Life On A Drug Smuggling Submarine - High Times - Spring  2013

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 Illegal drugs and their transportation are constantly evolving.

Cocaine and weed shipments have been arriving in the US from Central America via a spectrum of means, seagoing craft being one of the most popular.

First there were fishing boats, then go-fasts (speed boats mounted with multiple engines). As these succumbed easily to detection, drug cartels then developed the semisubmersible or "narco sub"; these are now making way for fully submersible submarines.
In 2010 Ecuadorian authorities lay claim to having captured an authentic submarine designed to smuggle drugs. "It is the first fully functional, completely submersible submarine for transoceanic voyages that we have ever found," Jay Bergman, Andean regional director for the US Drug Enforcement Administration (DEA) then told AP.
Reports claim the sub captured was 33m long, could accommodate a crew of five or six, and was equipped with twin screw diesel-electric propulsion, a periscope, and "air conditioning". The DEA said It could have carried up to 10 tons of cargo.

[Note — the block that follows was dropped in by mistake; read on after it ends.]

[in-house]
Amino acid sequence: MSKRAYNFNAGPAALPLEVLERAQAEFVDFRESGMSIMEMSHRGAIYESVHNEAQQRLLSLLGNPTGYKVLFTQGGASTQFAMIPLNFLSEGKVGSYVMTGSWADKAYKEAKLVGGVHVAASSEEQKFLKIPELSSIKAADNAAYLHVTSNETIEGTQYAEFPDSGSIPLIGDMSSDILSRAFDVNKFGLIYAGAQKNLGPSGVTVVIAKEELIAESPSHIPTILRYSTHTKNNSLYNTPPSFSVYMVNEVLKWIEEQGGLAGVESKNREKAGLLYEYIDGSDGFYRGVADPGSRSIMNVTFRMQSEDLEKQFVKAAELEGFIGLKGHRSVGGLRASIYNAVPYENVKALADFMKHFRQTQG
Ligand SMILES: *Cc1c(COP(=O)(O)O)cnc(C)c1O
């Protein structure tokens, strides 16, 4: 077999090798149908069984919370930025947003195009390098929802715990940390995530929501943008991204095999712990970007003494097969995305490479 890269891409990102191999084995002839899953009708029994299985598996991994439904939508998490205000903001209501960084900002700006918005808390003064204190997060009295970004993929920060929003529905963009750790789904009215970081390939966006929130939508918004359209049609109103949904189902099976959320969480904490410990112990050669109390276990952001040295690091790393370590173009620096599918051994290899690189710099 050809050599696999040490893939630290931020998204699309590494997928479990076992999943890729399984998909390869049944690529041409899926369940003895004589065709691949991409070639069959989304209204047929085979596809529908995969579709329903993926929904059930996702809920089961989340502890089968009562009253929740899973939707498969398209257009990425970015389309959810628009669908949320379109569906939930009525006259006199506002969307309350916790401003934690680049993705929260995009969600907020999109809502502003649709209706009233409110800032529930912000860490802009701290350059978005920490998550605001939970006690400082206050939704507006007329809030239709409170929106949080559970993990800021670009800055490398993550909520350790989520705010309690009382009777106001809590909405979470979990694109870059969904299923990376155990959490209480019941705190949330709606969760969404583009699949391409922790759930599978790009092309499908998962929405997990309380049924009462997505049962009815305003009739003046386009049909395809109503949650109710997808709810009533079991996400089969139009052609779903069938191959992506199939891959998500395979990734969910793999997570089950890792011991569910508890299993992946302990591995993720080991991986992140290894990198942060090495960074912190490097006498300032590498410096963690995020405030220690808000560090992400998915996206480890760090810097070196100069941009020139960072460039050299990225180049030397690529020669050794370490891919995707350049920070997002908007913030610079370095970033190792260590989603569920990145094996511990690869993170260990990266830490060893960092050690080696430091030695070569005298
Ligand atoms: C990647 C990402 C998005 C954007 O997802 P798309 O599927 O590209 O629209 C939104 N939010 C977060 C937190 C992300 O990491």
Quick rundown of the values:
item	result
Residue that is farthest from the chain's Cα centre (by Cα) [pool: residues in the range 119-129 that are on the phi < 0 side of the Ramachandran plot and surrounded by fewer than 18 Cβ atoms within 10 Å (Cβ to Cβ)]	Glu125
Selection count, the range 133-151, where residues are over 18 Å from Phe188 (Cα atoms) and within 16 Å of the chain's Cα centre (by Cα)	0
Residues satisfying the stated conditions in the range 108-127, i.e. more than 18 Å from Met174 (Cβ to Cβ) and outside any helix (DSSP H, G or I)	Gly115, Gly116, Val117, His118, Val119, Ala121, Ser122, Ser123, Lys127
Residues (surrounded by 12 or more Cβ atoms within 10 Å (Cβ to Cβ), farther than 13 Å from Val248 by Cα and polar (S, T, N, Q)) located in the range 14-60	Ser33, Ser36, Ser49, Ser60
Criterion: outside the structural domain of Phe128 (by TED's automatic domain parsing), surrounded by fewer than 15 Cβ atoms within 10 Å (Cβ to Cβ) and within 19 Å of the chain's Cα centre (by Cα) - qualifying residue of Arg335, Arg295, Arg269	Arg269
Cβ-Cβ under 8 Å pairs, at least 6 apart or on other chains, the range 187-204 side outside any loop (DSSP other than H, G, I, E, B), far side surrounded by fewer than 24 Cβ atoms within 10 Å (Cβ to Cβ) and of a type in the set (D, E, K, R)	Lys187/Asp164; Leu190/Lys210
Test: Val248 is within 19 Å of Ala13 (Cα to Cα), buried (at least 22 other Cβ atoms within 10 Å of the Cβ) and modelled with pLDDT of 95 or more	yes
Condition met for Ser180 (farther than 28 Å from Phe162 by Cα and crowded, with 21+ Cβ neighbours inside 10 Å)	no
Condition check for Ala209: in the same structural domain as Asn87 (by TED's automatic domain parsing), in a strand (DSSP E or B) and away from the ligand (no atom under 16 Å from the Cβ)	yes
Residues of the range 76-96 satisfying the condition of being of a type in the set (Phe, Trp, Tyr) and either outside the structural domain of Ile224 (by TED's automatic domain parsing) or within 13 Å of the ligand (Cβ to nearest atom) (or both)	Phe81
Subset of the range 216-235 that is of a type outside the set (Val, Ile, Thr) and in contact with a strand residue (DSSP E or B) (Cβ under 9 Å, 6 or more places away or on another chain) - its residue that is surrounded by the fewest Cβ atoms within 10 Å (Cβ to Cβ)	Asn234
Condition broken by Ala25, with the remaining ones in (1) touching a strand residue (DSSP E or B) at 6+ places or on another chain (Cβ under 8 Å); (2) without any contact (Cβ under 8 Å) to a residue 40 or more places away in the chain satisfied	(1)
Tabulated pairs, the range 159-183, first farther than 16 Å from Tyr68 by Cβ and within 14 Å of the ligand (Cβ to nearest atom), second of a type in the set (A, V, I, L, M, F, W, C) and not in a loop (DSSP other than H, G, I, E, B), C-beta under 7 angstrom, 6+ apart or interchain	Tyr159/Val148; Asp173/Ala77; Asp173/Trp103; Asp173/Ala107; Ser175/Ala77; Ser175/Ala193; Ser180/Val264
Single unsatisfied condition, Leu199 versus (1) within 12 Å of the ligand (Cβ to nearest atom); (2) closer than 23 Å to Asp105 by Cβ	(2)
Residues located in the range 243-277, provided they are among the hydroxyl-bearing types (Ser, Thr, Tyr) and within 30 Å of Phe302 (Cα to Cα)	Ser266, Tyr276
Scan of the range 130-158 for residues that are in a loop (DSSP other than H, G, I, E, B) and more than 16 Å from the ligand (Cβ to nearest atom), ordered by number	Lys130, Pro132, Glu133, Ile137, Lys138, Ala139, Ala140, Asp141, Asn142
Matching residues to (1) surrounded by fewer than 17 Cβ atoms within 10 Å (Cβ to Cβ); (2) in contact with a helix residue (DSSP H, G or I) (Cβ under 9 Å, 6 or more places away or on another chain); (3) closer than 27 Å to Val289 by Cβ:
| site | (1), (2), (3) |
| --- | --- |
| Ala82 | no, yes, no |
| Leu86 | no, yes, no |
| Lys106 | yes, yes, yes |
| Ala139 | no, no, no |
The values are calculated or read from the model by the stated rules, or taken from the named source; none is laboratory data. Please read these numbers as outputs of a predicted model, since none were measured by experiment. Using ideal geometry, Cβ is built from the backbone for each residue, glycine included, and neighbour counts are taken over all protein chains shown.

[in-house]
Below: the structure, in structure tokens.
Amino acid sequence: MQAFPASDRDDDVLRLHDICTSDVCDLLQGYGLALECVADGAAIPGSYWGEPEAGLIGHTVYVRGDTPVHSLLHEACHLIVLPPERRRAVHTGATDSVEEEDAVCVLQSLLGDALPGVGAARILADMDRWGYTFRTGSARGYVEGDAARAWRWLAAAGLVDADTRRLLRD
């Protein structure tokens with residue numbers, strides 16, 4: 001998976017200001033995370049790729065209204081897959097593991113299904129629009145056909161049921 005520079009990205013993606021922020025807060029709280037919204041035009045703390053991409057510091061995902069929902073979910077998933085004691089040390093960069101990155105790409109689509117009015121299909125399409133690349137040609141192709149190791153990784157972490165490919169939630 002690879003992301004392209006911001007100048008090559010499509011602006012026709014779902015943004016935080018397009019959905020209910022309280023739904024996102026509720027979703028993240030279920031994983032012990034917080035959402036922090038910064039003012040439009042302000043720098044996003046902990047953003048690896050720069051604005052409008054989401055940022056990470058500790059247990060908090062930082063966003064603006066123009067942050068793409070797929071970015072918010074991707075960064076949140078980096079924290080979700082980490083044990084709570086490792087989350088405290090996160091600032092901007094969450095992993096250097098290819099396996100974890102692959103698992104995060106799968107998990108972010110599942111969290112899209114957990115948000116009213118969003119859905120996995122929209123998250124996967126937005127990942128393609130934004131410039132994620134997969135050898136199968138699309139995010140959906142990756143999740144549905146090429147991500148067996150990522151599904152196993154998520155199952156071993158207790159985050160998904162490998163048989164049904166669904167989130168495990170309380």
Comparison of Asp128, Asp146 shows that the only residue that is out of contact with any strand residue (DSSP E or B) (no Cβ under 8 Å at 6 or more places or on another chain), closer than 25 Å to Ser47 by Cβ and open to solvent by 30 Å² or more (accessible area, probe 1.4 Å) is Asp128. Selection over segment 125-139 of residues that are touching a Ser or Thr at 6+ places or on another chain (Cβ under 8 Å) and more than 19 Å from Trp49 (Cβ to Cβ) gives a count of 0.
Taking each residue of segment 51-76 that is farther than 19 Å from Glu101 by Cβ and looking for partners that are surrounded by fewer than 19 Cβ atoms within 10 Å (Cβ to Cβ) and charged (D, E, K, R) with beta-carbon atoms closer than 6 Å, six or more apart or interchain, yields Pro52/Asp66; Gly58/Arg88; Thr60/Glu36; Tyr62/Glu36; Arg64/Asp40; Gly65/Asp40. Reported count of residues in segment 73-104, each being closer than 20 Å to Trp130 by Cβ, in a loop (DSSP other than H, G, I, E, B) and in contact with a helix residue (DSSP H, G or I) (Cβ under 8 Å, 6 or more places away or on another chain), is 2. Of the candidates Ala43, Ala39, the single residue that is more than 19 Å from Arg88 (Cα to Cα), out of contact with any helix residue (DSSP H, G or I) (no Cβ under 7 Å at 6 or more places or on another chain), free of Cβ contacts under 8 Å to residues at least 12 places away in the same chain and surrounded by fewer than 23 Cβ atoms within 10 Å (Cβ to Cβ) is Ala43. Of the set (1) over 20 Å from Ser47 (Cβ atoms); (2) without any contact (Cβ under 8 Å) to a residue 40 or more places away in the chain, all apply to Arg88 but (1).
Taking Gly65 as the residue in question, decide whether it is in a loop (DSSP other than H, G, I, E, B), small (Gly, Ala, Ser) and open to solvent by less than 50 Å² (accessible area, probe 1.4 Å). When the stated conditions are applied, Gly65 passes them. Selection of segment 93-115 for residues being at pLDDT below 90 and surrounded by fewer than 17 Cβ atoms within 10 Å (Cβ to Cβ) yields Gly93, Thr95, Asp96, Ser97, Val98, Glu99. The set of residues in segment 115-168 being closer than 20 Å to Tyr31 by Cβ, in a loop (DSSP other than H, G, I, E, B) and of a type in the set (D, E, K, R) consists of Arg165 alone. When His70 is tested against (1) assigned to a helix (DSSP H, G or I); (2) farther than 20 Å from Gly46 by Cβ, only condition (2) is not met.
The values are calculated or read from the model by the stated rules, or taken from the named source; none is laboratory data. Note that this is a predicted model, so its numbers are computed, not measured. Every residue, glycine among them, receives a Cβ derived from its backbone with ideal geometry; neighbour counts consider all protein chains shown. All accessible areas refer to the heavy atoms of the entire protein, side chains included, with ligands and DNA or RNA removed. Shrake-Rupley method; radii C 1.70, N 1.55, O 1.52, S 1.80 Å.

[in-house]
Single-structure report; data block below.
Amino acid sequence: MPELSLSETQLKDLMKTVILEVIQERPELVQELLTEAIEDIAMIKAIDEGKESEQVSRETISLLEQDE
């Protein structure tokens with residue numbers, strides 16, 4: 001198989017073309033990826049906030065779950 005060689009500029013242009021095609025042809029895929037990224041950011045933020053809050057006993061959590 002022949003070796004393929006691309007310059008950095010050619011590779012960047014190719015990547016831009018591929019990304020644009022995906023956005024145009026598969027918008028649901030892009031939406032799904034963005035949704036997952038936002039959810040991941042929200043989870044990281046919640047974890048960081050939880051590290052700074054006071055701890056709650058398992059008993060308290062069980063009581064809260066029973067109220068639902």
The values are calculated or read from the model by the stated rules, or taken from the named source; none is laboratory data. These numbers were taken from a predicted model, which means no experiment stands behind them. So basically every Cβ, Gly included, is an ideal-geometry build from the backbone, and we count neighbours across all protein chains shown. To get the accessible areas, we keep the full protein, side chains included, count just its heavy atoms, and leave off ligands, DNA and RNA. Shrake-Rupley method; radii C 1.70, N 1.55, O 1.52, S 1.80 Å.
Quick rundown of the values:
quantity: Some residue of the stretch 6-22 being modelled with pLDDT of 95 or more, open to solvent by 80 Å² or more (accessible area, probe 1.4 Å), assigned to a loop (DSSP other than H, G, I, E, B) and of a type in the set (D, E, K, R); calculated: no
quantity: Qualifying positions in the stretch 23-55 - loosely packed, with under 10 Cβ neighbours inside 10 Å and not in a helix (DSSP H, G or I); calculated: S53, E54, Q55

The sub was found at a secret jungle "shipyard" facility on an Ecuadorian river not far from the Colombian border. The shipyard had accommodation for over fifty people, yet only one was found by the Ecuadorian police and troops acting on a DEA tip.
Cartels and drug runners are now shelling out millions of dollars to construct these complex machines, recruiting highly skilled engineers who are usually ex-military personnel. Still, their exorbitant price and lengthy construction time remain an issue.
While daring and ingenuity suggest legitimate submarines are out there, the good old semisubmersible still dominates. Costing less than half of a real sub, a semisubmersible can be abandoned and sunk with ease if caught .
In use since the late 1990's the narcosub, a first generation semi submersible was simply a boat with an all-enclosing cap on top. Fitted with diesel engines, the fibreglass subs can smuggle several tons of Cocaine. They are able to evade capture and avoid radar detection because only a small part of the structure rides above the surface.